According to our contacts, business sentiment has picked up. Most of them were optimistic about near-term (three to six months) and medium-term (two to three years) growth and were more confident in their outlook than in the recent past. Of contacts who indicated they were experiencing second quarter growth, approximately half believed the growth was a rebound from an unusually weak first quarter, with the other half attributing it to a modest increase in economic strength.

Burgeoning capital investment was a consistent recent theme. A lack of “visibility”—or a firm’s ability to confidently predict future business conditions—was not reported as a significant inhibitor of capital investment. Nearly every contact shared information about merger and acquisition (M&A) activity or capital expenditure projects under way or planned for 2014. Most projects involved expansion to meet growing demand, including constructing new facilities and upgrading existing ones, although several projects involved new product offerings. Consistent with the recent trend along the Gulf Coast, much of the increased investment stemmed from the energy sector. However, we noticed investment picked up in other industries, such as in education and medical services.

Business contacts also reported that spending on consulting services for leadership development and organizational culture training increased. The addition of new leaders, M&A activity that resulted in conflicting organizational cultures, and the recession-era deferral of discretionary spending generated a surge in demand for these services.

Residential real estate across the Gulf Coast picked up marginally since mid-April. The median residential home sale was around $200,000, though inventories were low. Homes in coastal Alabama’s high-end market (over $600,000) were slow to move, and a lack of high-end inventory in coastal Mississippi led to increased construction in that market. In past months, we heard reports of an increase in raw land deals along the Florida Panhandle, and similarly, a recent reemergence of raw land deals was reported in coastal Alabama, often 50 percent bank-financed with fully collateralized loans. Commercial construction also resurfaced in parts of the region.

Resting retail
Unfortunately, the general optimism was not shared by all sectors. Regional retail contacts shared dampened expectations for the second quarter. Some admitted to difficulty adjusting to a shopping landscape increasingly dominated by the internet, which forced big-box retail stores to rethink sales strategies and reevaluate store locations and sizes and in some cases led to resurgence in the redevelopment of shopping centers.

Bracing for the boom
The employment picture was heartening, with nearly all of our contacts implementing hiring plans. In fact, a few contacts who took steps to reduce employment to “lean and mean” levels during the recession and early recovery admitted they were not so sure the decision was advantageous, and recently they saw productivity increase significantly once they added workers. However, the continued shortage of skilled labor has many contacts worried that some project start dates may be pushed back as they struggle to find qualified people.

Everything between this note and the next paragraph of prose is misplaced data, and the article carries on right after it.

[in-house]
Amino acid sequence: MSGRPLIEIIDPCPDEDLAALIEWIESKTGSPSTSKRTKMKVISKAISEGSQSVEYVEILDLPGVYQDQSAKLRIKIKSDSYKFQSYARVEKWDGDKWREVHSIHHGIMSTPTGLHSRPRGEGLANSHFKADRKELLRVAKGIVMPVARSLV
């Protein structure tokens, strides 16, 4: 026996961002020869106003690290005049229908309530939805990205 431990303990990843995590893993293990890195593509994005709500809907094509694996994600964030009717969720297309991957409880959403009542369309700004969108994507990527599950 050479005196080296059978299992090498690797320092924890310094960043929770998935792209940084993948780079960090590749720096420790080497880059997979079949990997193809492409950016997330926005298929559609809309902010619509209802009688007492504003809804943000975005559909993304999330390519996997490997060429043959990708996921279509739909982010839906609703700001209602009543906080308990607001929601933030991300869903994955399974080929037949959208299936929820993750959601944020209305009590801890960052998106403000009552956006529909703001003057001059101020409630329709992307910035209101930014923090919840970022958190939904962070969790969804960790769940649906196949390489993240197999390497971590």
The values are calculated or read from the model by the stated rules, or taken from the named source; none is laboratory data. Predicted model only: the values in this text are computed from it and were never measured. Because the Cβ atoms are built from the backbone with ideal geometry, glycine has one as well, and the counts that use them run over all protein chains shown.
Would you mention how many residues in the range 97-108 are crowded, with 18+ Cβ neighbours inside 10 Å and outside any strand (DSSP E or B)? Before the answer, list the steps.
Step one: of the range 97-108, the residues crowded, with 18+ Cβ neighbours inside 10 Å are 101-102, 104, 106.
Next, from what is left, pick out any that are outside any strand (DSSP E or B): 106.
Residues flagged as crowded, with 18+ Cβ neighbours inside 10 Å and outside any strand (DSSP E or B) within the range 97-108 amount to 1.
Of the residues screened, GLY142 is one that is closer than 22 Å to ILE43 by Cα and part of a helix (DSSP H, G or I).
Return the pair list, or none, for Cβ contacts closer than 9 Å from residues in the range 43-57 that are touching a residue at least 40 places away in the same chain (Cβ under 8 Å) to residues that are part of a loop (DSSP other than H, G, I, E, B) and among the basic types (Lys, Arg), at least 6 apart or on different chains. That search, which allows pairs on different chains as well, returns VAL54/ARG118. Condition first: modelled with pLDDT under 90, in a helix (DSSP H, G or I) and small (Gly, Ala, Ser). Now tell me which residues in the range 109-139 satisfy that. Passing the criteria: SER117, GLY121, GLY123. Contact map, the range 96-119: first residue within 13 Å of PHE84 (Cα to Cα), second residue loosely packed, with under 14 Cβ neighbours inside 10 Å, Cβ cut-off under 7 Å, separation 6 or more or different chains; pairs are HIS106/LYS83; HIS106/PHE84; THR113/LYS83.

Most contacts continued to report isolated wage pressures for skilled labor, medical services, and professional jobs, though some expressed they are bracing themselves for significant wage pressure in the coming months as the economy picks up.

The chatter about plans to increase prices in recent months materialized into reports of price increases, yet contacts admitted the increases were challenging and required a great deal of negotiating.

Overall, the Gulf Coast economy appears to be rising out of the recessionary fog and shedding the winter frost. The picture across most industries was definitively positive, with reports of large investment projects, hiring plans, and price increases.

By Adrienne Slack, vice president and regional executive; Rebekah Durham, economic policy analysis specialist; and Harrison Grieb, economic intern, Regional Economic Information Network, all in the New Orleans Branch of the Atlanta Fed


May 30, 2014

Southeast Housing Update: Sales, Prices, Construction Activity Spring Forward

The Atlanta Fed conducts a monthly poll of Southeast broker and builder business contacts in an effort to detect emerging real estate trends prior to the release of official government and other statistics. According to the April 2014 Southeast Housing Market Poll results:

  • There was a rebound in the number of brokers and builders reporting that home sales had increased from the year-earlier level.
  • More brokers but fewer builders noted that buyer traffic had increased from a year earlier.
  • Most brokers continued to indicate that inventory levels were down from the year-earlier level. The report from builders was split down the middle—half of respondents said that new home inventories increased from the year-earlier level, the other half noted new home inventory levels had fallen.
  • The vast majority of brokers and builders continued to report that home prices increased from a year earlier.
  • There was a rebound in the number of builders reporting that construction activity had increased from the year-earlier level.

To explore the latest poll results in more detail, please visit our Construction and Real Estate Survey results.

Note: April poll results are based on responses from 35 residential brokers and 26 homebuilders and were collected May 5–14, 2014. The housing poll's diffusion indexes are calculated as the percentage of total respondents reporting increases minus the percentage reporting declines. Positive values in the index indicate increased activity; negative values indicate decreased activity.

If you would like to participate in this poll, you may sign up here.

Photo of Jessica DillBy Jessica Dill, senior economic research analyst in the Atlanta Fed's research department


October 30, 2014